October 23, 2020

Tuesday’s Delta quake conjures up memories, concerns about next big one

Tuesday afternoon’s minor earthquake just southeast of Greenville in the Mississippi Delta reminded those who felt the shaking that Mother Nature is in charge. The quake also reminded us all that it’s not if, but when another big earthquake will rock the region along the Mississippi River.

It’s happened before. In late 1811 and early 1812, the New Madrid earthquake violently shook the region — multiple times — and famously caused sections of the mighty Mississippi River to appear to temporarily flow backwards. Geologists now think that was merely caused by the ground lifting up beneath the river in some areas and by seismic waves flowing through the water (but it still makes for a good story).

The quakes were named after the river town of New Madrid, Missouri, which at the time was the largest settlement on the river between St. Louis and Natchez, Mississippi.

The quakes — some estimated to have been as great as 7.5 on the now famous Richter Scale — literally knocked people off their feet as the earth rolled beneath them.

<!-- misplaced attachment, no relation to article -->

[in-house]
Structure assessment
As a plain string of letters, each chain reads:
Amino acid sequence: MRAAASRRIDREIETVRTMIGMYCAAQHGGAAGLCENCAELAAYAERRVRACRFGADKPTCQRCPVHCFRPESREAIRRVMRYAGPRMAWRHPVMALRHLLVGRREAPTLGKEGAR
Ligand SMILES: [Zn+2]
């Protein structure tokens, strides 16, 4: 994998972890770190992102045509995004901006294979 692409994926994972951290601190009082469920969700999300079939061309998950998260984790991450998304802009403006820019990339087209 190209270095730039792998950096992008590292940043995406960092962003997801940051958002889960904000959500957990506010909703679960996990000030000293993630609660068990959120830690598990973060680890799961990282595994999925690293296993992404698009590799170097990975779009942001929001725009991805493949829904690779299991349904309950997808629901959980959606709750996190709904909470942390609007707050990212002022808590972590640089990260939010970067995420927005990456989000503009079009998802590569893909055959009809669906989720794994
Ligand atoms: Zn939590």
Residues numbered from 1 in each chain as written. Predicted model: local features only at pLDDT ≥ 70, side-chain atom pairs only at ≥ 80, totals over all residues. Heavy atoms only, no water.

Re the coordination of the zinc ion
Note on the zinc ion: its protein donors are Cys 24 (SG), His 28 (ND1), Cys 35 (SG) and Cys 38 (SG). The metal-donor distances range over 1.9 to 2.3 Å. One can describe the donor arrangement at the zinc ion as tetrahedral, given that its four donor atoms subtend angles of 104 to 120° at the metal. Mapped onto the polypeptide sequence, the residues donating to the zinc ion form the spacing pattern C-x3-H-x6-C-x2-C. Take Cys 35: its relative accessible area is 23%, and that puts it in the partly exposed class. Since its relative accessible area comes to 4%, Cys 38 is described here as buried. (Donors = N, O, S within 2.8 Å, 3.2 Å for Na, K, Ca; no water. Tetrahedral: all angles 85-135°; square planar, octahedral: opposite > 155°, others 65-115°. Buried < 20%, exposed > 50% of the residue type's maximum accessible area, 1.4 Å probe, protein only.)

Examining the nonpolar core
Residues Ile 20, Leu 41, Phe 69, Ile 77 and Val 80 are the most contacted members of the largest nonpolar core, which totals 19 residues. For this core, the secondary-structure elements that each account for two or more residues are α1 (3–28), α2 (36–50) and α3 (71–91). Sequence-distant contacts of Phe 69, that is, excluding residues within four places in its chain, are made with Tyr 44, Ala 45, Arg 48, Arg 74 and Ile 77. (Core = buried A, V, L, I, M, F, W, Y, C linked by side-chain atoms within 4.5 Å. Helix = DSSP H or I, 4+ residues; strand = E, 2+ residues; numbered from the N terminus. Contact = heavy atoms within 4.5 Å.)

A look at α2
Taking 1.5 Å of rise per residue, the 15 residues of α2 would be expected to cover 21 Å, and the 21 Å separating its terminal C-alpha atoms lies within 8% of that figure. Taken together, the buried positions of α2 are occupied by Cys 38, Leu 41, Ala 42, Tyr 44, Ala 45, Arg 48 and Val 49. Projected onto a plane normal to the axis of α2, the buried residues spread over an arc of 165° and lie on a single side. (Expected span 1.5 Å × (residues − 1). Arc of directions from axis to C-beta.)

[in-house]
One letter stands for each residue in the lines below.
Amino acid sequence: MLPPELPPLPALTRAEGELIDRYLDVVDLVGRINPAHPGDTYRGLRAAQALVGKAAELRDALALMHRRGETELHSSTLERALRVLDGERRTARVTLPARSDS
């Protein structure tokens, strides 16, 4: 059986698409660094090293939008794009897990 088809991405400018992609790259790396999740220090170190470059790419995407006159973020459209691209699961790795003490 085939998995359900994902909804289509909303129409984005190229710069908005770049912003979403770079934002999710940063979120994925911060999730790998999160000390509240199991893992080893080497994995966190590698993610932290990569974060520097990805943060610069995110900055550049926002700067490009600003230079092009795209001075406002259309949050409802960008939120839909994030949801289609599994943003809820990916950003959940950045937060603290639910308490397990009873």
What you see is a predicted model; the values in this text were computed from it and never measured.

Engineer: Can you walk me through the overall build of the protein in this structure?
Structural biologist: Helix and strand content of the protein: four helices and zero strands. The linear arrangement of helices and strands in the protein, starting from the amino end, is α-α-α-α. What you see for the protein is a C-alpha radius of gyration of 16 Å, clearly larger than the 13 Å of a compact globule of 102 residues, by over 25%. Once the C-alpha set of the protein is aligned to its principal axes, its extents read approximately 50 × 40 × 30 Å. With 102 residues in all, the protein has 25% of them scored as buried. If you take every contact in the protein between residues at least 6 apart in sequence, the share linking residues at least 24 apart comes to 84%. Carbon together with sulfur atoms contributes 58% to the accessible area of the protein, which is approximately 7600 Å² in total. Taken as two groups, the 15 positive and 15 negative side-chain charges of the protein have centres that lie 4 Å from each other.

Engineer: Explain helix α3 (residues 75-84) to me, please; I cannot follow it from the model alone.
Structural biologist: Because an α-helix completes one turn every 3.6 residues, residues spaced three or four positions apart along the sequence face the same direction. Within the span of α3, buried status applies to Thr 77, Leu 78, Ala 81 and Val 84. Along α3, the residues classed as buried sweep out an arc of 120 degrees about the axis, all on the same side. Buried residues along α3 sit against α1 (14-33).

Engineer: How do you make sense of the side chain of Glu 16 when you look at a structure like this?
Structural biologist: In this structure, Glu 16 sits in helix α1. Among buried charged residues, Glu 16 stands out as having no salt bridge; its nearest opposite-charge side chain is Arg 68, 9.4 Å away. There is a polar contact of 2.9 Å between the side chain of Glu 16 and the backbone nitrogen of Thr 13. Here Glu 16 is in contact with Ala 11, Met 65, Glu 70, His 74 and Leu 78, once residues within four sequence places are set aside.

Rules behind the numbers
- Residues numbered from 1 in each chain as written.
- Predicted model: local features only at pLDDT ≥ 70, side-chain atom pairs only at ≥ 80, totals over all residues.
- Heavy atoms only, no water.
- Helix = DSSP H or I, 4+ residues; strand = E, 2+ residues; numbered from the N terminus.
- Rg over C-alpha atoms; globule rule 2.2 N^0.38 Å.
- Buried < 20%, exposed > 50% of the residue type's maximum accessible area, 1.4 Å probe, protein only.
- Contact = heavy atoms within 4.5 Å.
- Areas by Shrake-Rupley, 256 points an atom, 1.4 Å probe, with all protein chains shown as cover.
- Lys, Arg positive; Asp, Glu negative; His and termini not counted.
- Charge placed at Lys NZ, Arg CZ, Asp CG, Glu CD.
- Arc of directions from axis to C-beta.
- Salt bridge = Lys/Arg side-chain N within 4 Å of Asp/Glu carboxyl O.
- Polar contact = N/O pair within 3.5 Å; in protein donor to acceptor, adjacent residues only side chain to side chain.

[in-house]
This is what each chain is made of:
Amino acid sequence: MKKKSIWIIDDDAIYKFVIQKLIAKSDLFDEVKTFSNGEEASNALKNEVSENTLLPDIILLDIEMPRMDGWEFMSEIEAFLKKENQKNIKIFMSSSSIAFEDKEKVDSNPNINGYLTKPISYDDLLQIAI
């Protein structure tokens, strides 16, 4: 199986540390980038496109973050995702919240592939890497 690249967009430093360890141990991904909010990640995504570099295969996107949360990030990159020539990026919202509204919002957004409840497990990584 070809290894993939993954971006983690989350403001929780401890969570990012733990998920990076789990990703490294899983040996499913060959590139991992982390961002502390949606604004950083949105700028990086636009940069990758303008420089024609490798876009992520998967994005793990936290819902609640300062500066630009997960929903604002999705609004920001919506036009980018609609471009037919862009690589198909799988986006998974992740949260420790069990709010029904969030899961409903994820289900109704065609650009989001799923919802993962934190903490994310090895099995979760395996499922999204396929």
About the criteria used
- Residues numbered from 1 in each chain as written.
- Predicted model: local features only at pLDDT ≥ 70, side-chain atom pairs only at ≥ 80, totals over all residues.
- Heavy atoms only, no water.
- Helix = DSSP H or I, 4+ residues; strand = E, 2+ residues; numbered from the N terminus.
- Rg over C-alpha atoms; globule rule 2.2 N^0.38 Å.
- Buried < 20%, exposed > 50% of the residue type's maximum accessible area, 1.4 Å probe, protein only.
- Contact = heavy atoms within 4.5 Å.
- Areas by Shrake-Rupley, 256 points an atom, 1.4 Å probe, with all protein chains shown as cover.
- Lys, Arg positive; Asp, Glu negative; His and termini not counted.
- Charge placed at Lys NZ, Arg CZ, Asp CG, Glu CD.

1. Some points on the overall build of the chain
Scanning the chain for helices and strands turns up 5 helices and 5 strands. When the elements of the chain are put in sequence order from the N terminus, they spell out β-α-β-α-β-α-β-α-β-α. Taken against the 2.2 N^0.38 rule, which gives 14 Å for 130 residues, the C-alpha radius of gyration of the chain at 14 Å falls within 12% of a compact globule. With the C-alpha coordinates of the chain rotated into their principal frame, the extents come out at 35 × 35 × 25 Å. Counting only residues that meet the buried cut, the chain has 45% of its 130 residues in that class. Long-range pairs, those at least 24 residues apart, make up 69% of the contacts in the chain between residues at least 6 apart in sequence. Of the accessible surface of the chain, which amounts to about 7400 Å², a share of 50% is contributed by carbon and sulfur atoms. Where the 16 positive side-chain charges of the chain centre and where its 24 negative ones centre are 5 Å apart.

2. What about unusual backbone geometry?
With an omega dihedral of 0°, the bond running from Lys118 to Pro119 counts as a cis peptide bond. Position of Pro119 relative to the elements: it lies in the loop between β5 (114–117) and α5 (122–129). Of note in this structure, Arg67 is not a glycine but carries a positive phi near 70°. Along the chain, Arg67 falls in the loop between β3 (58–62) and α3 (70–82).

The only saving grace was that at the time not many people lives in the area so injuries and deaths were low.

If such a powerful quake were to hit today, no doubt the destruction would be far more disastrous.

The words of the late seismologist Otto W. Nuttli, who wrote about the New Madrid quakes in 1974, is a little disturbing if you live near the area.

“Perhaps the greatest danger of all arises from the sense of complacency, or perhaps total ignorance, about the potential threat of a large earthquake,” Nuttli wrote. “The frequency of occurrence of earthquakes the size of those that took place in 1811-12 is very low; however, continuing minor to moderate seismic activity in the central Mississippi Valley area is an indication that a large magnitude tremor can someday be expected there again.”

But the question is: When will the next big one come? Truth is, no one knows.